Hannah Six and dog
Hannah Six and her dog, Lucky. (Note that she has not wrapped Lucky's leash around her wrist.)

It might have been a cardinal — or maybe the wind in the trees — that distracted me for a few seconds this spring. But a few seconds was all it took.

As I gazed upward, another pooch and its human quietly turned the corner behind me. My dog, a German shepherd-border collie mix, spotted a potential friend and took off with a lunge — all 65 pounds of her — pulling free the leash I had looped over my wrist and wrapped several times around my hand “to control her.”

“It wasn’t her fault, though,” I explained to the nurses at my local emergency room when I arrived with one broken finger and another one dislocated.

They answered in unison: “That’s what they all say.”

Really? I had no idea this was A Thing. But I quickly learned that aside from bites, injuries caused by household pets (particularly dogs and cats) are surprisingly common. And once I recovered from my injury and regained full use of both hands, I sat down to report and write the following story.

With pets in an estimated 68% of U.S. households, there’s no doubt we love our four-legged companions. They bring us joy, reduce loneliness, offer unconditional love and even improve our health — lowering our blood pressure and encouraging us to get more exercise. Unless we’re careful, however, the very pets we adore can contribute to serious injuries.

Kelly Moriarty_crop
Kelly Moriarty

While we’re all aware that dogs and cats may bite or scratch, we tend to overlook the very real dangers of tripping, falling and leash-related injuries that can result in sprains, dislocations, complicated fractures and worse.

“These injuries, especially falls, are actually very common, especially among the older population,” said Kelly Moriarty, injury-prevention coordinator for Novant Health trauma services at Presbyterian Medical Center in Charlotte.

How common are pet-related injuries?

Cats and dogs were associated with more than 86,000 fall injuries a year from 2001 to 2006, according to estimates from the U.S. Centers for Disease Control and Prevention. But this number, the CDC reported, may be vastly understated, since the study did not include injuries treated at home, in doctors’ offices or other outpatient settings.

What is certain, however, is that older people bear the brunt of these injuries. One study revealed that between 2004 and 2017, the number of people 65 and older who went to U.S. emergency rooms for fractures associated with dog walking increased significantly. Older women, in particular, are more vulnerable to fractures from falling or from muscle compression that occurs during walking, with hip fractures being most common.
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Walking the dog

Whenever we venture outside with the family dog, the possibility of injury exists, especially for those who struggle with balance issues, Moriarty said.

“You’d be amazed at how strong even a small dog can be when they see something they want to investigate. And, being pulled by a strong dog can also cause sprains, strained muscles and back and shoulder pain.”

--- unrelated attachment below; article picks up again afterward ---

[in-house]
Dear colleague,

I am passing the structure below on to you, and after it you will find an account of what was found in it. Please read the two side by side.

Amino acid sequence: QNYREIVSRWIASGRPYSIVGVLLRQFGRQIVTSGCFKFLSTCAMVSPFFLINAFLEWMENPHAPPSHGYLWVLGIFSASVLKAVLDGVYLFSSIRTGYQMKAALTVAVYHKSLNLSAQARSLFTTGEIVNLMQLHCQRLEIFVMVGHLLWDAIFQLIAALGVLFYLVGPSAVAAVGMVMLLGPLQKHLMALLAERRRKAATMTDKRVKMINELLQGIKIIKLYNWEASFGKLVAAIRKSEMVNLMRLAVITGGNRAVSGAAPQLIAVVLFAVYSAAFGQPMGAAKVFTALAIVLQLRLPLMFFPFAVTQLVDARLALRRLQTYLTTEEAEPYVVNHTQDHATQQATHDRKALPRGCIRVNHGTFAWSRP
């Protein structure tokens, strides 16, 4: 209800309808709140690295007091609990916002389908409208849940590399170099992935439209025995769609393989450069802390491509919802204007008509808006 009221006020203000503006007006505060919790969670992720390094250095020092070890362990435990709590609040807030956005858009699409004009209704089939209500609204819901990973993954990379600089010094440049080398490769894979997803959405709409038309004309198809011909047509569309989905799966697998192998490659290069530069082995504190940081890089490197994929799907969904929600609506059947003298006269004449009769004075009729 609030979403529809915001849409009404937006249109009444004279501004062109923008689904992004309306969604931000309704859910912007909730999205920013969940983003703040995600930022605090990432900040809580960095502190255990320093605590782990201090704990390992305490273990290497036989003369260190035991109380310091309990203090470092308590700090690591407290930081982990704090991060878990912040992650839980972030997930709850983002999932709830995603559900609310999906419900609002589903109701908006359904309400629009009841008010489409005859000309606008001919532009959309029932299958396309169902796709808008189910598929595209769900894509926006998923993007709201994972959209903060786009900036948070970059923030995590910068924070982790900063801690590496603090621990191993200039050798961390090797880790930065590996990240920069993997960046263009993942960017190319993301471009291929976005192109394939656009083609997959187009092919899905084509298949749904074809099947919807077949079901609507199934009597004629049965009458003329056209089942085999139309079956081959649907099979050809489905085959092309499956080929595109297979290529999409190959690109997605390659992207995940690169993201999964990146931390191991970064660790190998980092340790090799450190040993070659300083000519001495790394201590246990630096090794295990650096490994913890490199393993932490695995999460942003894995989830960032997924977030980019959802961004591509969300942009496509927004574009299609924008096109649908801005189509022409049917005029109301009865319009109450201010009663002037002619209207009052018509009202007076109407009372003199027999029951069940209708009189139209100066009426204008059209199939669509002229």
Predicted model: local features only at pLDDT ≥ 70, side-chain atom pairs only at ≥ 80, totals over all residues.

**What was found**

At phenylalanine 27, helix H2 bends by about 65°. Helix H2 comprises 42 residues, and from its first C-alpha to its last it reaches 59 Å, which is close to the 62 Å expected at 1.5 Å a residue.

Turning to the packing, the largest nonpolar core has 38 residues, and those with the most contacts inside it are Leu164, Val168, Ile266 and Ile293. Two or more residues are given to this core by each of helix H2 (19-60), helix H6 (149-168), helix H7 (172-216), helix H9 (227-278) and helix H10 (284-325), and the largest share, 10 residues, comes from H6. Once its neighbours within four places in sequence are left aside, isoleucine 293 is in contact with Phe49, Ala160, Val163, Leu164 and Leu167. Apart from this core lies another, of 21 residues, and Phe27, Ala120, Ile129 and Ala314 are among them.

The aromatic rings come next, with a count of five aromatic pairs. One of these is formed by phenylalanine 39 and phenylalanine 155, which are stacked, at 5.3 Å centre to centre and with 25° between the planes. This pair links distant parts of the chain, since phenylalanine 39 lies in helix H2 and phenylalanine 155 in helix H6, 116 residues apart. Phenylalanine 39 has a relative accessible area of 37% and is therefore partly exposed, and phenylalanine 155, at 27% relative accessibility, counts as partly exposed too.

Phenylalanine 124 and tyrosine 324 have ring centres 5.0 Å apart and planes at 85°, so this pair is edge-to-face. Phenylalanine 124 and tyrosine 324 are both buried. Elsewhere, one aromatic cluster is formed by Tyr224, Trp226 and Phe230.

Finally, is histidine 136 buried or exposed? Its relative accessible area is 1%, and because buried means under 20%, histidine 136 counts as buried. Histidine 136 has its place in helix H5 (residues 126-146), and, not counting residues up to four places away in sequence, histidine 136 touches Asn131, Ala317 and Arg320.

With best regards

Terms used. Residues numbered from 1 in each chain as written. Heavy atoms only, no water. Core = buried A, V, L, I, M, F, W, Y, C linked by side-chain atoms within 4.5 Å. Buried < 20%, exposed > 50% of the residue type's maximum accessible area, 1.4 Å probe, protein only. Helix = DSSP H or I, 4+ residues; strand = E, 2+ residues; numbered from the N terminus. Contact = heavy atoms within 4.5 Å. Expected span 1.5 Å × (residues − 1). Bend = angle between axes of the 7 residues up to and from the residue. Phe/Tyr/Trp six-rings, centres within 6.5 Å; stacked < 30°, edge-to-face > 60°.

Your dog’s leash, depending on how you hold it, also can cause serious injuries. Many dog-walkers (understandably) slip their hand and wrist (that’s a bad idea, see box) through that “convenient” loop handle. Others wrap the leash around their palm or wind it in and out of their fingers to help them control their dogs.

But if the dog pulls or lunges, this can cause the leash to come loose, causing dislocations, fractures, sprains and — in some cases — severed fingers, Moriarty said.

“If you have one of those retractable leashes and your dog pulls or lunges quickly, the action of that thin cable against your skin can cause friction burns to your arms or legs,” she said. “If it’s actually wrapped around your hand, it can dig into the skin and cause more serious hand injuries.”

9 ways to avoid pet-related injuries

  • Choose your leash wisely. Look for a leash with a comfortable grip, and make sure it’s not too long. For large breeds and pups who pull, well-fitting harnesses can be safer.
  • Encourage good canine manners. Look for local classes or obedience schools to help you train your dog not to jump up on people, and to walk politely at your side.
  • Walk one dog at a time. “Walking three dogs at once, each pulling you in a different direction, can cause injury,” she said. Instead, stagger their walks or invite some dog-walking helpers to join you.
  • Hold the leash rather than wrapping it around your wrist or hand. And don’t exercise your dog by holding the leash while you ride a bike.

  • Place pets in another room when necessary. This is especially helpful when tackling tasks that distract you or make it hard to see what’s under your feet.
  • Stay focused. Pay attention to what’s happening around you — especially traffic, sidewalk conditions and other animals that may catch your dog’s eye.
  • Choose your breed carefully. If you have balance issues or small children who will want to walk the dog, consider adopting (or buying) a smaller breed.

  • Work on your balance. Balance exercises, including yoga, that Moriarty teaches in her fall-prevention classes help people stay steady on their feet.
  • Exercise your dog daily. “Dogs who get out every day are a little less likely to go get overly excited and misbehave because they have less energy to burn off.”

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